DUBAI: With faith and commitment, women in the Arab world can achieve anything they set their minds to, a UAE government official said on Monday.
“I fully believe that the only barrier to Emirati women pursuing their purpose is themselves … Arab women, Emirati women need to stand up high … I am fully confident in the ability of women to achieve great things for our community, region and the world,” said Dr Aisha Bin Bishr, Director General of the Smart Dubai Office, a government entity that oversees Dubai’s smart transformation.
Women in the UAE and the region “make excuses for themselves” because of their gender, she stated at the Global Women In Leadership (WIL) Economic forum in Dubai, which runs until Tuesday. “We have full support from our leadership to achieve whatever we set our minds to.”
In the UAE, women already occupy decision-making positions in the government sector. They represent more than 60 per cent of the UAE workforce, said Sophie Le Ray, chief executive of Naseba, the organiser of the forum. There are eight women in the 29-member UAE Cabinet, and a woman, Amal Al Qubaisi, is the UAE Federal National Council’s Speaker.
But fewer women hold leadership roles in the country compared to men. Two years ago, roughly 10 per cent of leadership roles in the UAE private sector were taken on by women. The share in the public sector, however, was larger (around 40 per cent), she said.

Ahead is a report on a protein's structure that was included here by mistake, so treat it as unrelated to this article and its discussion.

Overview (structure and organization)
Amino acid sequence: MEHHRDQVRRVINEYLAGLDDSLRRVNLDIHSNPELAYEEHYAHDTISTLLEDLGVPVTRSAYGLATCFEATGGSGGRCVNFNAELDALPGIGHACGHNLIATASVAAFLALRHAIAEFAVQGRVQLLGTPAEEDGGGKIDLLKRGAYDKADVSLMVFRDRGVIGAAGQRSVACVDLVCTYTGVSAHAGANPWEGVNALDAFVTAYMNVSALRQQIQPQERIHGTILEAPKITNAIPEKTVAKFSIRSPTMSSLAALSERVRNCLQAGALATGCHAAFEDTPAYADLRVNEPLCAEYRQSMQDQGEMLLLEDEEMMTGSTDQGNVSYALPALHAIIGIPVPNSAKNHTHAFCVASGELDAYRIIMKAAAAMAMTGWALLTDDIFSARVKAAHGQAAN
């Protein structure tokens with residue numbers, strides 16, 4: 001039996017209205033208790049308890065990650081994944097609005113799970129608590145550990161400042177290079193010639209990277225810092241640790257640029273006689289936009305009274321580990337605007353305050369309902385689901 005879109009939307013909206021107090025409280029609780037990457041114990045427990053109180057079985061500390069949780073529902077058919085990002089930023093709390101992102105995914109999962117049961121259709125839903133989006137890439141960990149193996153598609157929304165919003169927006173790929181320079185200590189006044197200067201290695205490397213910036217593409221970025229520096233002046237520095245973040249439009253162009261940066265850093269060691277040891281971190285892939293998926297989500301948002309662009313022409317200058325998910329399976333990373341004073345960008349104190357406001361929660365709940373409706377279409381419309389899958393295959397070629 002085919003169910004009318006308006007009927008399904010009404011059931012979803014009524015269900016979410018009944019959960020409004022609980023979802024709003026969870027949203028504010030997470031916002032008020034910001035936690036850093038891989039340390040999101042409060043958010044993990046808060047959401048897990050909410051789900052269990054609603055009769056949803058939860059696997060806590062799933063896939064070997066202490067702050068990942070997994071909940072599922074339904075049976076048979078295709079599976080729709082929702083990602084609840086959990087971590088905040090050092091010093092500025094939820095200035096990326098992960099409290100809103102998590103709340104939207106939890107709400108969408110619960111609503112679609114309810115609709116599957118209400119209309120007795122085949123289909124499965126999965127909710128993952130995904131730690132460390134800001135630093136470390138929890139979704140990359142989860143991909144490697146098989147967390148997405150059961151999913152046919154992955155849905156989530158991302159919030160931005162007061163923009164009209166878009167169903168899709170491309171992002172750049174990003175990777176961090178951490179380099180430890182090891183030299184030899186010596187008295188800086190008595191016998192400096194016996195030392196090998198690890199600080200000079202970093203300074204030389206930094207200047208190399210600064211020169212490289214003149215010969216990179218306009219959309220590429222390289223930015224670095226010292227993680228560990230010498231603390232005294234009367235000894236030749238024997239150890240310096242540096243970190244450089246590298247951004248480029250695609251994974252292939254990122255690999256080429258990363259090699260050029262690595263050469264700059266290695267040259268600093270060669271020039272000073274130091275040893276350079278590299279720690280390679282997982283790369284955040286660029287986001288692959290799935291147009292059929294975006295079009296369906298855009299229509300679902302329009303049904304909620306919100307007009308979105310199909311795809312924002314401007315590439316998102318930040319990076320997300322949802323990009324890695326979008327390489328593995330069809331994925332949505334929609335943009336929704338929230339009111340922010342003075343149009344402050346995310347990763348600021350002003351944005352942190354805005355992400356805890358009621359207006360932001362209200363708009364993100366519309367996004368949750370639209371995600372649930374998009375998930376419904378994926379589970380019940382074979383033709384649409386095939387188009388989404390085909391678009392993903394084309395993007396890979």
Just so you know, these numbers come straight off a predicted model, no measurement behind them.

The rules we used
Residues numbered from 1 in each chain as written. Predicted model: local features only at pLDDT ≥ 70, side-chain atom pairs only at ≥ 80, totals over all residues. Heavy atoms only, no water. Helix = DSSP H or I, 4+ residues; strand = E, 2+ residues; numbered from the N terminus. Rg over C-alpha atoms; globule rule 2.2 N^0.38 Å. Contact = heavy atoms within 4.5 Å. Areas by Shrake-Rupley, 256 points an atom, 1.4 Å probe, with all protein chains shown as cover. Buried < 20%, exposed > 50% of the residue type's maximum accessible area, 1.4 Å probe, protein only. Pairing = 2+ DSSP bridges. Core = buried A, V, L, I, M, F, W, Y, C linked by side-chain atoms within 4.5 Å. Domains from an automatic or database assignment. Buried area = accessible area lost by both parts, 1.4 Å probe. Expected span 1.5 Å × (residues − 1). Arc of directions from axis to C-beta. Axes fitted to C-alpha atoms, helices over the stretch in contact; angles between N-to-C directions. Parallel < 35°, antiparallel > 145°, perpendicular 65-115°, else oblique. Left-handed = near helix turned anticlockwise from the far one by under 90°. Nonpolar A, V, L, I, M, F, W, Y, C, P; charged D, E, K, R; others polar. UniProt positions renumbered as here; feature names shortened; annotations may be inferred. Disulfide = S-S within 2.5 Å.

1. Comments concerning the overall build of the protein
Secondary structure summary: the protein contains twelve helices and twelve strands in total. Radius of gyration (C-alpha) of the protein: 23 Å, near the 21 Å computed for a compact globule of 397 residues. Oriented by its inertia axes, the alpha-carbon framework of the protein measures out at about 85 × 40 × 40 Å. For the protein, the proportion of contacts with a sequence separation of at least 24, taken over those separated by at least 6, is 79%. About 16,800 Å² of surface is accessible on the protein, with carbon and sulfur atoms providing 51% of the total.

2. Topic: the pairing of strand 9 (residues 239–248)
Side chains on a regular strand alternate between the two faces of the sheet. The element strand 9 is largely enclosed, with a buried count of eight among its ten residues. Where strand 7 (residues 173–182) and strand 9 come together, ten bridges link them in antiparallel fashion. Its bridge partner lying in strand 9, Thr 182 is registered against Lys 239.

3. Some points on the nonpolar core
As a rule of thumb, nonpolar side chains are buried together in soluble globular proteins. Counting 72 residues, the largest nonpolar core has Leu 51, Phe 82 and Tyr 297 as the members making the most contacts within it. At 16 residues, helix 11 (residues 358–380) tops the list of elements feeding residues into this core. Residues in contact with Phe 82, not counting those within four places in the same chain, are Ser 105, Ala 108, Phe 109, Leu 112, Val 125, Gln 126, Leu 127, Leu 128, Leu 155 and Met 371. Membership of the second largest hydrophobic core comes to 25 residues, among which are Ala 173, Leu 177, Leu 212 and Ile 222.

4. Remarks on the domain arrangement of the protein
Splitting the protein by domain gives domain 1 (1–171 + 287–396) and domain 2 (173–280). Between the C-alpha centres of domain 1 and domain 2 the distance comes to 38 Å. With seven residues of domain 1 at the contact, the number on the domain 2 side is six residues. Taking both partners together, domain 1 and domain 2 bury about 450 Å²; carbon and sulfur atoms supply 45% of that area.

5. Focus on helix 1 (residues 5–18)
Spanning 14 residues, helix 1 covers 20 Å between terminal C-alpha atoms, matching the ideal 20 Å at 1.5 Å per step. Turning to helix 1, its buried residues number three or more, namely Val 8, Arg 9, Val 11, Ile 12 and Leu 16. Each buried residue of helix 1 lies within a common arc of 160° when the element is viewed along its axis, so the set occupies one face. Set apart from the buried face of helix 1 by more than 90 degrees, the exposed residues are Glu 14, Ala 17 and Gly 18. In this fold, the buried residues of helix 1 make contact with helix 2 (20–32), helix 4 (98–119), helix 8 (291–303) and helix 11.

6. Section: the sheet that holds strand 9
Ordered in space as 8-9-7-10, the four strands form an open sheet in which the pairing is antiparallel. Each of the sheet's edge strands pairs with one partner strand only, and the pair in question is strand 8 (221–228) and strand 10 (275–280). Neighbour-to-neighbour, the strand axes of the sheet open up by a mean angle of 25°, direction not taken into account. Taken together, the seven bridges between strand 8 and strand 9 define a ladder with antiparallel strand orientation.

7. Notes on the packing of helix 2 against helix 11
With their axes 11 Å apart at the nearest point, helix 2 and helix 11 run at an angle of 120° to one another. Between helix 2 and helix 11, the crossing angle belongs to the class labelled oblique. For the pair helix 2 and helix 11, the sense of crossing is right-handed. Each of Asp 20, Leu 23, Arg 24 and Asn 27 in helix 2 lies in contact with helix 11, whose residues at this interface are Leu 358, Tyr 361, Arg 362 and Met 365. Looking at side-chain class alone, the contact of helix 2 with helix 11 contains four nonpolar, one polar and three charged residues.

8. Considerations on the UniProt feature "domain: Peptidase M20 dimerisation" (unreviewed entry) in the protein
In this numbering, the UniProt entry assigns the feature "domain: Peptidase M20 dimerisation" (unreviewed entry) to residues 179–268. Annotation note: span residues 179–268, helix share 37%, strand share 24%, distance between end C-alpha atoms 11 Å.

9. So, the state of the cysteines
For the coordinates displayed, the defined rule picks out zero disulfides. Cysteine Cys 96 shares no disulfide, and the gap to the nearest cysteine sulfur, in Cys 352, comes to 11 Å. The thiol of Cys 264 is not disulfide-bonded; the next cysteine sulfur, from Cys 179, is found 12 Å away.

Full gender equality is expected to add $28 trillion (Dh103 trillion) to global gross domestic product (GDP) in 2025, according to a McKinsey Global Institute report published last year.
“A ‘best in region’ scenario in which all countries match the rate of improvement of the fastest-improving country in their region could add as much as $12 trillion, or 11 per cent, in annual 2025 GDP,” the study stated.
The UAE aims to be one of the top 25 countries in the world for gender equality by 2021, said Mohammad Abdul Aziz Al Shehi, Undersecretary for Economic Affairs at the UAE Ministry of Economy. “We are well on our way to achieving this goal,” he said.
For women to hold top positions, they need to have more confidence in their abilities, and employers should “break that gender bias,” Le Ray said.
“You have women [in the UAE] graduating from STEM [science, technology, engineering and mathematics] fields more than anywhere else in the world. But … do they have the confidence to go after their dream of being an engineer or being a scientist? That’s part of the education,” she said.